My entire life up until a few years ago, I knew three things about myself. I was responsible, I was serious, and I was stupidly large for a girl {tall, large feet, large hands, large size!}. Now the first and the last are not what this is about. This is how I got un-serious.

I was barely 20 when I decided to get my serious life together. I moved back to my hometown, husband-to-be in tow. I organised engagement parties and twenty-first birthdays. I purchased a cafe. We renovated a house and booted tenants out of another. We even had something of a retirement plan. I’d carefully planned and structured a version of my perfect life.


My serious grown-up life.


And I experienced the worst depression of my adult life. In my renovated home in the centre of town. In my spacious, grown-up marital bed. I would cry — soul rattling cries. I would gasp for air, and at the same time, I would hope it wouldn’t come so this could be over. Suicide might have been an option, had I not lost so many from my life already. I was sad and broken in the serious life that I’d built.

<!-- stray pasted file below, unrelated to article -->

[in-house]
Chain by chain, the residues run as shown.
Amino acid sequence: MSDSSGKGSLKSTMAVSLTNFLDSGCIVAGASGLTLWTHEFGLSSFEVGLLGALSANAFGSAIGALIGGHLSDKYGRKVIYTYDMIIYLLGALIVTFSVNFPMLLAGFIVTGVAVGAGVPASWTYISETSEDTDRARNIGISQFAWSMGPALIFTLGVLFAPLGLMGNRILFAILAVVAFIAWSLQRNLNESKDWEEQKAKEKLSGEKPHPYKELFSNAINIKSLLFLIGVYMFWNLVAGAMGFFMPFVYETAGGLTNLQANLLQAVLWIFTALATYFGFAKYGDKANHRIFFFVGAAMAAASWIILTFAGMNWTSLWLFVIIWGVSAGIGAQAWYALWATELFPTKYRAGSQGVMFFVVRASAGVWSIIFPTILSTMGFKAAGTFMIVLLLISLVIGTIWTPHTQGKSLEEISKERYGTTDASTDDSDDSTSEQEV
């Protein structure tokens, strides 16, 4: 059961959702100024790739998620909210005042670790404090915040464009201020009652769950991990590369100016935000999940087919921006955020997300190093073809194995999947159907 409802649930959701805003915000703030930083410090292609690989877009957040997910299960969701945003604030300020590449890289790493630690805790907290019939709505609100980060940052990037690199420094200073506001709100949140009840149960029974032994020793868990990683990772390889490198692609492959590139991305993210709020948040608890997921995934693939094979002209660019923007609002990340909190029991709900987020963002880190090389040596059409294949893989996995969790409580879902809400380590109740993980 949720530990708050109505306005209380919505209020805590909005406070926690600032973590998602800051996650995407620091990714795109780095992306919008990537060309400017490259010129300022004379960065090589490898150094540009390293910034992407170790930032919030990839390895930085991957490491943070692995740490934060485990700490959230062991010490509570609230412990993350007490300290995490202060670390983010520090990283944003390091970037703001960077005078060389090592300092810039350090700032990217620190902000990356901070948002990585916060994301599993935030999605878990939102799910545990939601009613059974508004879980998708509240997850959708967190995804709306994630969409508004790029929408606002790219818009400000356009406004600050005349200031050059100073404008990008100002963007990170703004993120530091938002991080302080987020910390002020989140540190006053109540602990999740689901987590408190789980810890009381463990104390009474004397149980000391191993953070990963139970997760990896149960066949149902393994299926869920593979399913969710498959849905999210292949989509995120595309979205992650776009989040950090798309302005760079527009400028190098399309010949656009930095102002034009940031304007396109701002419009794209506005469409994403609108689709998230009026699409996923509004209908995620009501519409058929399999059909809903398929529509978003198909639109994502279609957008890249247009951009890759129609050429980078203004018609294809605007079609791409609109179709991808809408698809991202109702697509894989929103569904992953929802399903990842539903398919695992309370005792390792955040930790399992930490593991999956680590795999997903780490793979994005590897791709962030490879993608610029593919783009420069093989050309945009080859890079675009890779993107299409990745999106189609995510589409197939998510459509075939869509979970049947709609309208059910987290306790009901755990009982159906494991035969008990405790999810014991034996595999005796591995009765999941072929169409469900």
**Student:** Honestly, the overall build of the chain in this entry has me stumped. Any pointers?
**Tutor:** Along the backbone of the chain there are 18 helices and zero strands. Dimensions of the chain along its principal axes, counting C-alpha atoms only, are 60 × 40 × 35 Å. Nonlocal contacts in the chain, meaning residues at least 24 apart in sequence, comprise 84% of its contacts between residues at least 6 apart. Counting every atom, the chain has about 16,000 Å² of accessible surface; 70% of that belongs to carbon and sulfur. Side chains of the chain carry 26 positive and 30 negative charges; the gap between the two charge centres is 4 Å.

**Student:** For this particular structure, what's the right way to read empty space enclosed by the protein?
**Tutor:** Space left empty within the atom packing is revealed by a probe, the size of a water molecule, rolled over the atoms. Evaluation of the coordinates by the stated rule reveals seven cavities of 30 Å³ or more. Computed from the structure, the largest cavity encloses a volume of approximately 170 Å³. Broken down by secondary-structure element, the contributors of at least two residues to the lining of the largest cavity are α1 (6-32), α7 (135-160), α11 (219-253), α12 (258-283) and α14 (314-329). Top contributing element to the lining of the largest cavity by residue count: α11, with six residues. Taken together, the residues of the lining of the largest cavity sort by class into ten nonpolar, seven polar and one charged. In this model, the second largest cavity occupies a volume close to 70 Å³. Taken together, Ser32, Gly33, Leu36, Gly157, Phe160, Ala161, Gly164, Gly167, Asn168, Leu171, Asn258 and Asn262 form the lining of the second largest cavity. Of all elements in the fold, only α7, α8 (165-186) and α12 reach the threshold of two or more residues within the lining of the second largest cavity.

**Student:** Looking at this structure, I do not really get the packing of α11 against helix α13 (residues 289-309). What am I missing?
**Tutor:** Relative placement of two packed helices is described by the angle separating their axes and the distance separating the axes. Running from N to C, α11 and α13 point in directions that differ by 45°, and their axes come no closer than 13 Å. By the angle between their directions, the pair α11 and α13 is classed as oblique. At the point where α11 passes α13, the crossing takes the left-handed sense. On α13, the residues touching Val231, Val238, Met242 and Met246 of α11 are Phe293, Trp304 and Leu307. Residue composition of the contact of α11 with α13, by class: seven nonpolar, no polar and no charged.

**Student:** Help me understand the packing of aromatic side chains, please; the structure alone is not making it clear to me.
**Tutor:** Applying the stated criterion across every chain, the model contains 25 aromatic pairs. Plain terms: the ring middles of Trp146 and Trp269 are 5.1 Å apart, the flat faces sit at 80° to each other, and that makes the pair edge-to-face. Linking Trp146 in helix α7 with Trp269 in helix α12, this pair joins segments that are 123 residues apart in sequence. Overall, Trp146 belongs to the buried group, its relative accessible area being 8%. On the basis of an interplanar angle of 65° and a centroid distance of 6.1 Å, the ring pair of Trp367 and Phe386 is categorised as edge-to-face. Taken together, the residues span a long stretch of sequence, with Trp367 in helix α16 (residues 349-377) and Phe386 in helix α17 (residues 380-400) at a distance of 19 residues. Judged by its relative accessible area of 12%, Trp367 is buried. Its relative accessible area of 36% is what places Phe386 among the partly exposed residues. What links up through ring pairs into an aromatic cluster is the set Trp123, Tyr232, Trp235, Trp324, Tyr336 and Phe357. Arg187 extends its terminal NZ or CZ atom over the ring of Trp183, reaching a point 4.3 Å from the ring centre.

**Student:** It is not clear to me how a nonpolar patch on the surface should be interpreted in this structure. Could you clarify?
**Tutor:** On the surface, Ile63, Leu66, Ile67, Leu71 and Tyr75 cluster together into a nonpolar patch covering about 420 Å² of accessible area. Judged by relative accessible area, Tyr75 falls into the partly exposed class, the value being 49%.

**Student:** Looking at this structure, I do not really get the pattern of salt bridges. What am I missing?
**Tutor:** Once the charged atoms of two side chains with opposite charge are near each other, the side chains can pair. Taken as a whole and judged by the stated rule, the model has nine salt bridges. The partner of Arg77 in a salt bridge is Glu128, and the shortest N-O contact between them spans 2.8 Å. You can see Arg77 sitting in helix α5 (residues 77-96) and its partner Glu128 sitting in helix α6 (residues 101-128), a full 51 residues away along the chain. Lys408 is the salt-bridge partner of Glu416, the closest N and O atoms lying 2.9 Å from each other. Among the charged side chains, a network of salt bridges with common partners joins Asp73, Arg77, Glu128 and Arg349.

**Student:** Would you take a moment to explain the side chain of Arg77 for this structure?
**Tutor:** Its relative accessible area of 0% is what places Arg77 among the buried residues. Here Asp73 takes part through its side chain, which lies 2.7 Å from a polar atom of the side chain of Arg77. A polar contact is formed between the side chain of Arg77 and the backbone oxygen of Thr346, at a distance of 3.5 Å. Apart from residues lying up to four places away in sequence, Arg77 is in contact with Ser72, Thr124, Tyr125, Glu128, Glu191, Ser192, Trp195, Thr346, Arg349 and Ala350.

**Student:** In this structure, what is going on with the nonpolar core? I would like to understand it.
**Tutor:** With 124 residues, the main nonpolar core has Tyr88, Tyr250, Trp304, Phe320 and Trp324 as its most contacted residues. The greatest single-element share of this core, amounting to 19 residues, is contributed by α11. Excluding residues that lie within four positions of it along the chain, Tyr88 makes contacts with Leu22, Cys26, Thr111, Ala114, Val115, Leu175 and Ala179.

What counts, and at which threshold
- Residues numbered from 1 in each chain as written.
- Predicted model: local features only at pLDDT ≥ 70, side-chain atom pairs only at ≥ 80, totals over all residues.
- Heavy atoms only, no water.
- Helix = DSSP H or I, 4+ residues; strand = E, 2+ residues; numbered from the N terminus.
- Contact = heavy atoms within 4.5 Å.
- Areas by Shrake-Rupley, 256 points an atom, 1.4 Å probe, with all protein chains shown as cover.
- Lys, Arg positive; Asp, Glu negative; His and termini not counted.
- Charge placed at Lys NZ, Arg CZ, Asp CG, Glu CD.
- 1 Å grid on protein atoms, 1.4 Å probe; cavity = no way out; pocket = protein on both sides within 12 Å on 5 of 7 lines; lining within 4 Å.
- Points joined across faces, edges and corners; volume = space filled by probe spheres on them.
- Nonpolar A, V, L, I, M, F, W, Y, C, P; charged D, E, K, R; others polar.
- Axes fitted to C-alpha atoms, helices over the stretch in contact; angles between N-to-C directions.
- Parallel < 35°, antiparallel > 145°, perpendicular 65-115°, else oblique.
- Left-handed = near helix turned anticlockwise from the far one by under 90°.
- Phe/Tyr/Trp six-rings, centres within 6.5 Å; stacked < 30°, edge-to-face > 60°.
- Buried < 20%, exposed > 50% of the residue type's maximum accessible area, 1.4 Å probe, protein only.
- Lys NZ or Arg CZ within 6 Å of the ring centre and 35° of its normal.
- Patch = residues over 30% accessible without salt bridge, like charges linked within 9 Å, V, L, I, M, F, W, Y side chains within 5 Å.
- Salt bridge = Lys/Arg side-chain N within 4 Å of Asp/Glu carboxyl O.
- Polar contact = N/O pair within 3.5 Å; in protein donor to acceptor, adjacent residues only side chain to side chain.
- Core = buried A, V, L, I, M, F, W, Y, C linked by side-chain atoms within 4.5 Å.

I told you once that my Dad would come; talk to me, hug me and plan a future for me. Kel would hold me, panda to me, humour me. And mostly to love me, though there was nothing he could do. Nothing FOR him to do. I talked to someone and got a prescription from another.


And bit by bit, I un-serious-ed myself.


I gave in to the laughter and humour that was as much a part of me as anything. Something that had been relegated to the not grown up enough box. I studied some more. Quit again. I went back into Real Estate, drank some wine, sang and danced. In our home, we bought family and friends closer and closer. I learned some more about myself.

And one day I got the joke. I got that being a grown-up had very little to do with being serious. Like I imagined it did. I got that it had everything to do with me accepting myself and being that. And let me tell you, the first day I tripped a little in the street and laughed loudly, mouth wide open, and head flung back, I knew I had become a grown-up.


And that I had successfully un-serious-ed my life.

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